File spoon-archives/heidegger.archive/heidegger_2001/heidegger.0105, message 37

Date: Mon, 28 May 2001 16:41:41 +0200
Subject: Re: body & soul

Joseph Conrad, in Under western eyes, writes of Razumov,
when he is finally all alone and on a little island in Geneva,
above him a bronze Rousseau, writer of the Social Contract:

""There can no doubt that now I am safe", he thought. His fine ear
could detect the faintly accentuated murmurs of the current
breaking against the point of the island, and he forgot himself
in listening to them with interest. But even to his acute sense of
hearing the sound was too elusive.

"Extraordinary occupation I am giving myself up to", he
murmured. And it occurred to him that this was about the only
sound he could listen to innocently, and for his own pleasure,
as it were. Yes, the sound of water, the voice of the wind -
completely foreign to human passions. All the other sounds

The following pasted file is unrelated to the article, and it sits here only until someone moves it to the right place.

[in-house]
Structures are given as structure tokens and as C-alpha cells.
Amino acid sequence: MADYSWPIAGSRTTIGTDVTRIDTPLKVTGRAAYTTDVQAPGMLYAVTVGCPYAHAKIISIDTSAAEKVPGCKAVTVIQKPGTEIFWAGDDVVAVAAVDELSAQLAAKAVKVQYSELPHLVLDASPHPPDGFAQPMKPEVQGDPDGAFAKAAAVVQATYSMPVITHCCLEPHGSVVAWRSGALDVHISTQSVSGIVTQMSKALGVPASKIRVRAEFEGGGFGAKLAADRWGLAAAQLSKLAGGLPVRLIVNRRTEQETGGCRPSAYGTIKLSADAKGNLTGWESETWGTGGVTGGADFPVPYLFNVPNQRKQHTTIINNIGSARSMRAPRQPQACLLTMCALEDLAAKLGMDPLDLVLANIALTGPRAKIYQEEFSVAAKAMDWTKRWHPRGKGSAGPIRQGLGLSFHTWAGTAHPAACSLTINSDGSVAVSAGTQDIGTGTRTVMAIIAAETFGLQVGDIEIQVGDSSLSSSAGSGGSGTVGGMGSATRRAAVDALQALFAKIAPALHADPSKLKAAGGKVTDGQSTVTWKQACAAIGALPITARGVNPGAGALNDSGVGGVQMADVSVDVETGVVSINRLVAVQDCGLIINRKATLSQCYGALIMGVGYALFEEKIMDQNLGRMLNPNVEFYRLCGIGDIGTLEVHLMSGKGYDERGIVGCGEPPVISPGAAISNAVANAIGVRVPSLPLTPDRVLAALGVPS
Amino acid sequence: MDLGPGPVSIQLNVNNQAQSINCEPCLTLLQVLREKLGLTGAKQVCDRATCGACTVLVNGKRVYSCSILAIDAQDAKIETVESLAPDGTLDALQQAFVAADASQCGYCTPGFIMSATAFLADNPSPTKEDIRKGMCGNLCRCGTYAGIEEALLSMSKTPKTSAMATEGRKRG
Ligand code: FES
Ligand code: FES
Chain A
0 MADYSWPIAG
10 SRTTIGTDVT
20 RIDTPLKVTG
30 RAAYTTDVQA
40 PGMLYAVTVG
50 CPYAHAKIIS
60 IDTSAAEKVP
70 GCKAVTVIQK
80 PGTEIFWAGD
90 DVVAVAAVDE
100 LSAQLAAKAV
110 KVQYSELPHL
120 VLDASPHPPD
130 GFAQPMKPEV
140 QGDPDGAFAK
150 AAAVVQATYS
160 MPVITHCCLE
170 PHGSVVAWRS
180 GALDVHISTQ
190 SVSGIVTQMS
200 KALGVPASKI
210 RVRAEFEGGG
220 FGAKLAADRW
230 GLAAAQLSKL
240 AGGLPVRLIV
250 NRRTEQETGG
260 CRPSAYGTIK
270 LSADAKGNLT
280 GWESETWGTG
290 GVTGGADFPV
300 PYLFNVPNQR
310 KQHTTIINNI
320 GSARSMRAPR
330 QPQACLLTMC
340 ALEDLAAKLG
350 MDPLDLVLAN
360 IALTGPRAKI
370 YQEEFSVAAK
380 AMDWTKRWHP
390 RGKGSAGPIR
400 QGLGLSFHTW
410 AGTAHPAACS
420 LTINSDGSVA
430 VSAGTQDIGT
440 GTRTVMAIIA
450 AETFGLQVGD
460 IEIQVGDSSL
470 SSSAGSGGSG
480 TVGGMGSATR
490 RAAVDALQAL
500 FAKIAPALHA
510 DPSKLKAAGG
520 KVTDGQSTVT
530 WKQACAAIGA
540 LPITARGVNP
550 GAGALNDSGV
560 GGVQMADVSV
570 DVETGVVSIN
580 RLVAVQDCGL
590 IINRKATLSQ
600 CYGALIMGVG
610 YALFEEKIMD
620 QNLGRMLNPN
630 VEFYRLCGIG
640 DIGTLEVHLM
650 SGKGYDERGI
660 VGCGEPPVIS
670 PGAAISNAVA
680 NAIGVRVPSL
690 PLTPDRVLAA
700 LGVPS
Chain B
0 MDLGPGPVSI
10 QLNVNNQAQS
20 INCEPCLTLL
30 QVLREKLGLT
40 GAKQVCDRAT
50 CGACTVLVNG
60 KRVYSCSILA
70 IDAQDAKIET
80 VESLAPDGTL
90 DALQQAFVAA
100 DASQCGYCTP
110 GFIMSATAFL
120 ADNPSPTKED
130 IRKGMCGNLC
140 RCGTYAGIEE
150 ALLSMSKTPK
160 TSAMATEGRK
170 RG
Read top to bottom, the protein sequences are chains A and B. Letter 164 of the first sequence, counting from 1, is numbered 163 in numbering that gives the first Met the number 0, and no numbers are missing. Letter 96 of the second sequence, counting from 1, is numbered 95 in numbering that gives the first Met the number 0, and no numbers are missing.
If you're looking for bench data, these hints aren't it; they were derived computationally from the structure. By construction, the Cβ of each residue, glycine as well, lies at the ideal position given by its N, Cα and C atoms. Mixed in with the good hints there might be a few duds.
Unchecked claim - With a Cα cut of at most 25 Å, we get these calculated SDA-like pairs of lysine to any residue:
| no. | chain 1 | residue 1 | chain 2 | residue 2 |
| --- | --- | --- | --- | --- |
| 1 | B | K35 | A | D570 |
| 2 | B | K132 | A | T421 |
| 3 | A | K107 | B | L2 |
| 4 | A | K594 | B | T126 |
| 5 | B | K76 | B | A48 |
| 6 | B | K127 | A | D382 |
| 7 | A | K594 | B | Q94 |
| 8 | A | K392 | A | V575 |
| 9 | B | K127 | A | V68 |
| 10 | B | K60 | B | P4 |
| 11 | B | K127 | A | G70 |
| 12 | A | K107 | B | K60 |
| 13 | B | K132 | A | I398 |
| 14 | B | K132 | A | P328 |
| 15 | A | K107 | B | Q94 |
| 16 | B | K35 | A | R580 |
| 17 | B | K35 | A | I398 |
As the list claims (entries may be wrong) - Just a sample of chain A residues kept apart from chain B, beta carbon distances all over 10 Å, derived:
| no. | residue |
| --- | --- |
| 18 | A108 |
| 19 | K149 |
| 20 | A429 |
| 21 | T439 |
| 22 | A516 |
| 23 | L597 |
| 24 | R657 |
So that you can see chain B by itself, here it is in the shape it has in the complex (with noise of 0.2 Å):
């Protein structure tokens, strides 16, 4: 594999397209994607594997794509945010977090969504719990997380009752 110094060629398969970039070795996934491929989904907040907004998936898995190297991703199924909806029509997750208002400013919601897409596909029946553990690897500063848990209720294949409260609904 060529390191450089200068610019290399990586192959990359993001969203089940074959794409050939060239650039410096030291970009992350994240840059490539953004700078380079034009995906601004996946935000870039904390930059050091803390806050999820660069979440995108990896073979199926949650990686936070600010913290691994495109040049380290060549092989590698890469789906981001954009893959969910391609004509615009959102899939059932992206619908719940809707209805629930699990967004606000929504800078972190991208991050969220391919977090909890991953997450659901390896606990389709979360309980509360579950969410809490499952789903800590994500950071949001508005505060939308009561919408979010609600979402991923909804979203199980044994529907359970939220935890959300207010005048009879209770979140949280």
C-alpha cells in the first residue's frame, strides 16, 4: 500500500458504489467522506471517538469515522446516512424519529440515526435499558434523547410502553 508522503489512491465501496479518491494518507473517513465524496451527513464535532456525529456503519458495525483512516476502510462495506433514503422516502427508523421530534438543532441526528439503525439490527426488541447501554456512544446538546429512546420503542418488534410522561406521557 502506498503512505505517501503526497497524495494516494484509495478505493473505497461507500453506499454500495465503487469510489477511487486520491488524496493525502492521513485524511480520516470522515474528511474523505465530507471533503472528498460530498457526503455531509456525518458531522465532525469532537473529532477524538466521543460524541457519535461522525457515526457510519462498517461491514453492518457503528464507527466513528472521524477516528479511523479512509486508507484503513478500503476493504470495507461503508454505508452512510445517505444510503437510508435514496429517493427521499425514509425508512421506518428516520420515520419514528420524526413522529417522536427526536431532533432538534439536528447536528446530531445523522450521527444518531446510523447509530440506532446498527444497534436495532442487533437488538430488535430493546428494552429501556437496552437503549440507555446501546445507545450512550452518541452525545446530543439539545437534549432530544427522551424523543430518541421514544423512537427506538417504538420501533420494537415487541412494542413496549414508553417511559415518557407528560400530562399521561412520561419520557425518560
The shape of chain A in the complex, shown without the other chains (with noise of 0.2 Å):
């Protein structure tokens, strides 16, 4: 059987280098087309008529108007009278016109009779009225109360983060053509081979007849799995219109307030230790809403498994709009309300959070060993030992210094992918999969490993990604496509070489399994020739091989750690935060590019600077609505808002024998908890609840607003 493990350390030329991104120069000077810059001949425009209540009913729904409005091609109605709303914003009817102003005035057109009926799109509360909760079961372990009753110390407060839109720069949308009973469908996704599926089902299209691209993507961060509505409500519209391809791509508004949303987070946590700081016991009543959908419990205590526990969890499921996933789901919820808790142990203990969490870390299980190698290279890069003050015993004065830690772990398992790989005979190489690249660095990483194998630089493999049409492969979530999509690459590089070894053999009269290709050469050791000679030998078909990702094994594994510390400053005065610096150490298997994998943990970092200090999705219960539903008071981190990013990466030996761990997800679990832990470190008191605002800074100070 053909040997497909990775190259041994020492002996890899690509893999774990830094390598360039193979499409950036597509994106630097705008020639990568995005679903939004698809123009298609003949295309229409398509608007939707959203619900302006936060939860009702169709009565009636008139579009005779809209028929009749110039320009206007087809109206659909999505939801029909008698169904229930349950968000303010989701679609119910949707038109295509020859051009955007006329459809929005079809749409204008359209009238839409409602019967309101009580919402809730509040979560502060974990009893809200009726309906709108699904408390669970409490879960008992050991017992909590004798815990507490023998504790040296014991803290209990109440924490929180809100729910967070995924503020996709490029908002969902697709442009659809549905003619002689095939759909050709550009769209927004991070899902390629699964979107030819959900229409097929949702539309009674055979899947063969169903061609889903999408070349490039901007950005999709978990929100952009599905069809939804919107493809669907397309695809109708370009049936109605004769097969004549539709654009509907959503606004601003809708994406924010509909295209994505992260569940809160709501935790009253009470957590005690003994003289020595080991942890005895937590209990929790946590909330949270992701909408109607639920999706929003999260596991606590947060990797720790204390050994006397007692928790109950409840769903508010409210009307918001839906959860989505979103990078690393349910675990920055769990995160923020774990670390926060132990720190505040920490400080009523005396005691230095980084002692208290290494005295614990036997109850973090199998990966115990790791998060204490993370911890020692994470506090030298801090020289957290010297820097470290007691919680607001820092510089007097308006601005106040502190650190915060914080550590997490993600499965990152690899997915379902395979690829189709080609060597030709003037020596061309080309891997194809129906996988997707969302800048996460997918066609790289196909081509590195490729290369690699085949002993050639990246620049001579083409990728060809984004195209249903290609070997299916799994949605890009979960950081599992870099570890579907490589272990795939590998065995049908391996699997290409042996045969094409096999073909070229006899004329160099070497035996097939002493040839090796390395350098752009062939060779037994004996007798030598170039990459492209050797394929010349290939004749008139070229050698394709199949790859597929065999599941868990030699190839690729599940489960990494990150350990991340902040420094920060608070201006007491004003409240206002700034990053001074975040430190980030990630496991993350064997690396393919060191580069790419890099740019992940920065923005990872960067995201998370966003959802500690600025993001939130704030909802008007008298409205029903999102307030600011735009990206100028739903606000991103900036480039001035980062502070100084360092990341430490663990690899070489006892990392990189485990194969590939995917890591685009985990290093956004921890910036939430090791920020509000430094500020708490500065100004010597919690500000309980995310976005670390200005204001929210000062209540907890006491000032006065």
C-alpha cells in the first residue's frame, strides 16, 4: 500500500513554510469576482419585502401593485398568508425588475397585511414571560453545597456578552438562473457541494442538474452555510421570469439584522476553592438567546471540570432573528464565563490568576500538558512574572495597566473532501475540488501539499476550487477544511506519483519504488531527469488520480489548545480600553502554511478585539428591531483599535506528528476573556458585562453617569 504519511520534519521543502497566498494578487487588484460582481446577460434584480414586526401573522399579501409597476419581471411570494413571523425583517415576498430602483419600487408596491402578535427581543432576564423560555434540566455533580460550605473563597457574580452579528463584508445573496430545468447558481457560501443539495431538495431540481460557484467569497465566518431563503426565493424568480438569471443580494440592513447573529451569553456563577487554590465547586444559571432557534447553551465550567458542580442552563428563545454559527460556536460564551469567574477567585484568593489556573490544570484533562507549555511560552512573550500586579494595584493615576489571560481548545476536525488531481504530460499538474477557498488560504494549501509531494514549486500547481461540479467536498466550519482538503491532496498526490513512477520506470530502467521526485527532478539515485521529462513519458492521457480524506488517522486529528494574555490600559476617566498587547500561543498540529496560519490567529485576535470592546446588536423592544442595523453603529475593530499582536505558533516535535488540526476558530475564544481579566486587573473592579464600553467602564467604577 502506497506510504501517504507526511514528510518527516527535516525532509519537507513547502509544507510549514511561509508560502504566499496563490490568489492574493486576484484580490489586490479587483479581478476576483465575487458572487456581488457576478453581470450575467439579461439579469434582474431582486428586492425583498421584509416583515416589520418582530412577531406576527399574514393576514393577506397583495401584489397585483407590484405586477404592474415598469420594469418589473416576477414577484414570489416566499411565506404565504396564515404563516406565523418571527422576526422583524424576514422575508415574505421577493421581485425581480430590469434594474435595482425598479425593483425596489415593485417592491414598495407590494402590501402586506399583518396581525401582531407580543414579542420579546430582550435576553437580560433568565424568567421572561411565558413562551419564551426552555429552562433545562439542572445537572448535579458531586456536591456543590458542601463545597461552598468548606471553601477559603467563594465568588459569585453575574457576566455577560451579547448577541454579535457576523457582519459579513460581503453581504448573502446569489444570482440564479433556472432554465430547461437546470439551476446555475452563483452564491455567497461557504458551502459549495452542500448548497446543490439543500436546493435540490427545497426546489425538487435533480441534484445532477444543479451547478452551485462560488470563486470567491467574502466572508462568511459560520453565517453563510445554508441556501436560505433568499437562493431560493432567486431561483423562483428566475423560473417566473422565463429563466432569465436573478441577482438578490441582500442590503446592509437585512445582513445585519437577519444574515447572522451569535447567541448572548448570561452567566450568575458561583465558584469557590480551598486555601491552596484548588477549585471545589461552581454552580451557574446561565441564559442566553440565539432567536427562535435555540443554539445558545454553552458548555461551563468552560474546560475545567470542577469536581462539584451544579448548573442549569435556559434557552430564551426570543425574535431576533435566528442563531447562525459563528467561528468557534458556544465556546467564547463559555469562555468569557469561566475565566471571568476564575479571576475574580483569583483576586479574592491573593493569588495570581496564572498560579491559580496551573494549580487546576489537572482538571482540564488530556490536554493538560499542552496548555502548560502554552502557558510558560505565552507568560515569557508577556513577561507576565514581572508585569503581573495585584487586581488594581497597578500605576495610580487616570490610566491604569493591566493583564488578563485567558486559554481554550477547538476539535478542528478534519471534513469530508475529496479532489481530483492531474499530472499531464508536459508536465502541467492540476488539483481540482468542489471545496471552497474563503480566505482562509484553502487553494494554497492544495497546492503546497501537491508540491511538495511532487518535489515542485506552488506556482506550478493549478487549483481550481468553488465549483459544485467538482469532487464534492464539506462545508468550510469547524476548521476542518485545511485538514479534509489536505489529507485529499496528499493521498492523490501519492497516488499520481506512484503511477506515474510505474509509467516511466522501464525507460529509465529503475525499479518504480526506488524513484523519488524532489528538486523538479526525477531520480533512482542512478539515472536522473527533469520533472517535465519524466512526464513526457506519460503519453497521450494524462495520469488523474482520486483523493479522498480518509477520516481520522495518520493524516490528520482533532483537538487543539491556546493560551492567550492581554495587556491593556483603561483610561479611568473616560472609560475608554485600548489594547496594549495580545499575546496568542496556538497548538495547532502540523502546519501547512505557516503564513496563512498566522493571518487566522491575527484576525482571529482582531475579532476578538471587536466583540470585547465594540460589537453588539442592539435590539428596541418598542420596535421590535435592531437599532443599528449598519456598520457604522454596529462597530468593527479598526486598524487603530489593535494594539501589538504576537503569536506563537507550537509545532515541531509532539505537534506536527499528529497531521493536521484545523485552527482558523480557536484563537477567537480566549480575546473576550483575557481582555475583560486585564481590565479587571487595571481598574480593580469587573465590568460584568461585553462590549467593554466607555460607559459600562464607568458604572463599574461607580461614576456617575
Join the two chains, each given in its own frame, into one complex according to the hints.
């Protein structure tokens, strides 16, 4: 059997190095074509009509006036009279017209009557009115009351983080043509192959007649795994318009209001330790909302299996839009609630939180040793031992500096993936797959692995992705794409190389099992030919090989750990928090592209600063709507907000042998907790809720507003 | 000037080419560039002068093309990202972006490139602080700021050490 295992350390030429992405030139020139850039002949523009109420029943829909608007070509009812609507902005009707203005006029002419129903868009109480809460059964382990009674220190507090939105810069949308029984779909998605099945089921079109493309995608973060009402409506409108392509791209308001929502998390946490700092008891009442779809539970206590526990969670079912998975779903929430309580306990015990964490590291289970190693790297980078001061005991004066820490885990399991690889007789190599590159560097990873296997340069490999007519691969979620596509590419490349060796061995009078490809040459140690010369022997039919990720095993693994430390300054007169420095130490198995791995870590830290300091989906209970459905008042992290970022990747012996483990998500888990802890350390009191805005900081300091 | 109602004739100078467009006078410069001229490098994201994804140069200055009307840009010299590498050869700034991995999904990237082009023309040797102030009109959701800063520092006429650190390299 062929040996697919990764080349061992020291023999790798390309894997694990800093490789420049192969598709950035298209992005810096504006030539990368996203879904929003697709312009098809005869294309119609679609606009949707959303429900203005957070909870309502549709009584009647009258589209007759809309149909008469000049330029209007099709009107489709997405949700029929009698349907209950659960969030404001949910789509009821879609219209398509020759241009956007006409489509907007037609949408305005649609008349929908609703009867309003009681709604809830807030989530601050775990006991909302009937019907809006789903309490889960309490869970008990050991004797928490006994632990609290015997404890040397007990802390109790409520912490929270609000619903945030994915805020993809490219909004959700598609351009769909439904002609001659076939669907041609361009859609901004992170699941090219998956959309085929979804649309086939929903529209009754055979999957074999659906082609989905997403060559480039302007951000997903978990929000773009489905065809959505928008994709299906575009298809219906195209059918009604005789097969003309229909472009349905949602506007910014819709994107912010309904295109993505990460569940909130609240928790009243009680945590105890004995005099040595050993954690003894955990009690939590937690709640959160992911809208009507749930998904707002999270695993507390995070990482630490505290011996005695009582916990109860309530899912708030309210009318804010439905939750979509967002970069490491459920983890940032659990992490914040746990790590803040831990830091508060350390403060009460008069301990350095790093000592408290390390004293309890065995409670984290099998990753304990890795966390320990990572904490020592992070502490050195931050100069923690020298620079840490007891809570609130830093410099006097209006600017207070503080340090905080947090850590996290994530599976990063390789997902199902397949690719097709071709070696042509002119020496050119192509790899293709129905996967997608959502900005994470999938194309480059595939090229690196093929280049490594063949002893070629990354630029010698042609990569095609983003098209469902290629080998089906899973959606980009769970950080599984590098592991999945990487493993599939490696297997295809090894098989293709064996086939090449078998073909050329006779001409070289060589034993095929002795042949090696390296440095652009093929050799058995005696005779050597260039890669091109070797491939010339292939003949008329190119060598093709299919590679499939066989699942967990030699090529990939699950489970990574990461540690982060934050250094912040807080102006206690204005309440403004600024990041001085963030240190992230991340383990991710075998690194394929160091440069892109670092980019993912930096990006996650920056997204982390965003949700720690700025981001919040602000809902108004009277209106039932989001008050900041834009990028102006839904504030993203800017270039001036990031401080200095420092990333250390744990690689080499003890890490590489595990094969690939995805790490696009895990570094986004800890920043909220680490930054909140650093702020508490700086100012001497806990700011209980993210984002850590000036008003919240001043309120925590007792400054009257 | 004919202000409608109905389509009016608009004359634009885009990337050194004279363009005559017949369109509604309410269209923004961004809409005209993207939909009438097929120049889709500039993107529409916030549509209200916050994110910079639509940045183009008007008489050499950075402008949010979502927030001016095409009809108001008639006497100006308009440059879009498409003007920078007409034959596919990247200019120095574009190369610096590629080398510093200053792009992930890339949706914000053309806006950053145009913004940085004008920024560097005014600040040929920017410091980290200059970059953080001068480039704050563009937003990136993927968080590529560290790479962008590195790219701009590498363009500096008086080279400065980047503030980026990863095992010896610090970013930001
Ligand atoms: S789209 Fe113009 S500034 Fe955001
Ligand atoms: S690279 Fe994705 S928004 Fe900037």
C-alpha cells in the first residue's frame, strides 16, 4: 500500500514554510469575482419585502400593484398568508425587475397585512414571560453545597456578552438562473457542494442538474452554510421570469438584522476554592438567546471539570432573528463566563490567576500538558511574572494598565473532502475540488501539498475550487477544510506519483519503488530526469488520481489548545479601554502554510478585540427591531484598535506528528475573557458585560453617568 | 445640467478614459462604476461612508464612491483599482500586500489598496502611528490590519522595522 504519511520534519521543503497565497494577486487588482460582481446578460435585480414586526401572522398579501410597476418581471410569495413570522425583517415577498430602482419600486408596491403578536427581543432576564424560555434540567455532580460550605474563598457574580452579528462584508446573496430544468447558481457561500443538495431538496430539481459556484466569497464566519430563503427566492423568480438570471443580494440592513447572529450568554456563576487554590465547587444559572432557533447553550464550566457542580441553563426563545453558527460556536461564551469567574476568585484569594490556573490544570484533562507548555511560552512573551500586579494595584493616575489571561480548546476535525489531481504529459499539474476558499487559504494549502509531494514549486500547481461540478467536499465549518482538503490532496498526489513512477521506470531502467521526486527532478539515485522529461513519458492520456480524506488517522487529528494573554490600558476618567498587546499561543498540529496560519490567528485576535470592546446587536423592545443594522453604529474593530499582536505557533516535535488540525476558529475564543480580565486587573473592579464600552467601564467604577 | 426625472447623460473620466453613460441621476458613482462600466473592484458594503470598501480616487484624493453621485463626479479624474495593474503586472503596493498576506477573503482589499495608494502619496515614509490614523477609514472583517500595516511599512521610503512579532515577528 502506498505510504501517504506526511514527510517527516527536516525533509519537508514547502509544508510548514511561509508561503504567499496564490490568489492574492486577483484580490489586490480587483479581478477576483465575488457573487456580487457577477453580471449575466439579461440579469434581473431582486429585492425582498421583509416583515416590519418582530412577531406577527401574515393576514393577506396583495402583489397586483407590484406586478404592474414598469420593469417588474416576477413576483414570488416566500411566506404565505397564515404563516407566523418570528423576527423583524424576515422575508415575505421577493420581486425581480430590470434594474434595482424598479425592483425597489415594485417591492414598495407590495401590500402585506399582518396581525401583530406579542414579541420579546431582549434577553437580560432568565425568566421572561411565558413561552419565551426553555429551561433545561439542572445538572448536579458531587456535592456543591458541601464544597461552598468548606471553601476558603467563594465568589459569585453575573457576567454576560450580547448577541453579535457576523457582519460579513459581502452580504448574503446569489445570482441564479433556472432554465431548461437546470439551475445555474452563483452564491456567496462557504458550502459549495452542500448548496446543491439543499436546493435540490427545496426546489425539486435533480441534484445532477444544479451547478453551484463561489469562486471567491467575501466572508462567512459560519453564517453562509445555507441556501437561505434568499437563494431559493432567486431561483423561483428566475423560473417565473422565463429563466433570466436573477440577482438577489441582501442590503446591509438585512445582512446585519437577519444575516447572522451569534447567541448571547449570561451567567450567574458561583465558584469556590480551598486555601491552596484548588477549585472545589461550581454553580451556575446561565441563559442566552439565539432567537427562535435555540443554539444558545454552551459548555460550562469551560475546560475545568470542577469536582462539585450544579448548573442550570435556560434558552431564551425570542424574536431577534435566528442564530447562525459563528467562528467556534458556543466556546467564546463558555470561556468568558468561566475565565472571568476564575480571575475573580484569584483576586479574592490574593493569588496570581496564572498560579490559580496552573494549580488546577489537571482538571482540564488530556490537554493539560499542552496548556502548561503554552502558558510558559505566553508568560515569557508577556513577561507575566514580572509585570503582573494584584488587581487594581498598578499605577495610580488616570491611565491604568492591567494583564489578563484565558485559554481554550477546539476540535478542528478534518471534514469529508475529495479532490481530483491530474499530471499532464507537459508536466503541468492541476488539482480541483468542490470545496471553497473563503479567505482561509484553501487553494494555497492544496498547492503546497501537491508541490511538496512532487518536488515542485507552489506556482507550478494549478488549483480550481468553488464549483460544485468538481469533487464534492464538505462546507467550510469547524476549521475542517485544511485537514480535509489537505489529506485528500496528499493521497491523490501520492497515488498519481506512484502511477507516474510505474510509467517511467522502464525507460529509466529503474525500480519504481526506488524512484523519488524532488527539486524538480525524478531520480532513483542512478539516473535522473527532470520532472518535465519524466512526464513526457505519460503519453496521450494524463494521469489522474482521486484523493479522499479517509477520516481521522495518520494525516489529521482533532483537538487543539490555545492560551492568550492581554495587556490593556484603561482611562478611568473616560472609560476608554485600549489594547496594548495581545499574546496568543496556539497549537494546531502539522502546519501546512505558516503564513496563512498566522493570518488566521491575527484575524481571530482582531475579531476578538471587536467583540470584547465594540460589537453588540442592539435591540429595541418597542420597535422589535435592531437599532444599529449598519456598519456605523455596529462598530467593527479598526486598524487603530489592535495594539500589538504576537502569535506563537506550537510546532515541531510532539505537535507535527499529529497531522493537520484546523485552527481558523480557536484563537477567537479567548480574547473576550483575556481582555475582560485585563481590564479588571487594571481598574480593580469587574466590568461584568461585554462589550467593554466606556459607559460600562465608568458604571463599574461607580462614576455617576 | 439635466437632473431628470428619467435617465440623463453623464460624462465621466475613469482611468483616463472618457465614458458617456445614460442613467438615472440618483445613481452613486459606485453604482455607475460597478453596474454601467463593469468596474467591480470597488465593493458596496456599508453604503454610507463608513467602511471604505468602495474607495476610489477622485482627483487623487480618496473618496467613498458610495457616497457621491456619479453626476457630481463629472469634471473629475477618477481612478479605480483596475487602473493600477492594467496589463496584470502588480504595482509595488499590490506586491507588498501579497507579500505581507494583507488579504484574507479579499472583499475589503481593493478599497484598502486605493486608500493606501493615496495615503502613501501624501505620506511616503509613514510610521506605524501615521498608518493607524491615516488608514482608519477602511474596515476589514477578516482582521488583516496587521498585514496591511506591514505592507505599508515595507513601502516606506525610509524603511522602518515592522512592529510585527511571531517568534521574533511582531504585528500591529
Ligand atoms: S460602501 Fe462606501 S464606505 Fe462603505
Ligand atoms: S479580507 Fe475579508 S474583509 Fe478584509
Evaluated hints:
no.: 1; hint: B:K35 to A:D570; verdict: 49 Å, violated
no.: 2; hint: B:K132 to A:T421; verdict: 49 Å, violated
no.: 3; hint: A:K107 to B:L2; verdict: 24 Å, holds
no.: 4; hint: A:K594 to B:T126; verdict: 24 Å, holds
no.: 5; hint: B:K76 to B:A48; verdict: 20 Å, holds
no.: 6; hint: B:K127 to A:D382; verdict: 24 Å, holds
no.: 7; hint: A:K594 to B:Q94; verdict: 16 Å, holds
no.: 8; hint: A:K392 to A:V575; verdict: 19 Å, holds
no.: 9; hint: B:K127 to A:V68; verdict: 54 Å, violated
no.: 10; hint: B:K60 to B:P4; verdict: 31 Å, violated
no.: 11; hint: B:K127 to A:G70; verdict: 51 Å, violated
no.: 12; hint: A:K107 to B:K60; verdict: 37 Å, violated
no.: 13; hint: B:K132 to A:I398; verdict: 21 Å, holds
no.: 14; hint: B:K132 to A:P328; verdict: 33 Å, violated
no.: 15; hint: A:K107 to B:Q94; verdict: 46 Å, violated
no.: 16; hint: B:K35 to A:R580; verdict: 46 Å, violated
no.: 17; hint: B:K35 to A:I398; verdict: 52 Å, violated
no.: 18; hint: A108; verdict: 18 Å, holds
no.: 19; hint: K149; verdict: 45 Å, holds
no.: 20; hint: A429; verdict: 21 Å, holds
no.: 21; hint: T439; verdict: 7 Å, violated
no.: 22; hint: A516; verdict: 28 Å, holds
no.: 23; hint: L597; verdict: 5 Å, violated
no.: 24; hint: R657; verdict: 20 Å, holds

of this earth brought contamination to the solitude of a soul.

This was Mr. Razumov's feeling, the soul, of course, being his own,
and the word being used not in the theological sense, but standing,
as far as I can understand it, for that part of Mr. Razumov which was 
not his body, and more specially in danger from the fires of this earth.
And it must be admitted that in Mr. Razumov's case the bitterness of
solitude from which he suffered was not an altogether morbid


drs. René de Bakker
Universiteitsbibliotheek Amsterdam
Afdeling Catalogisering 
tel. 020-5252368              

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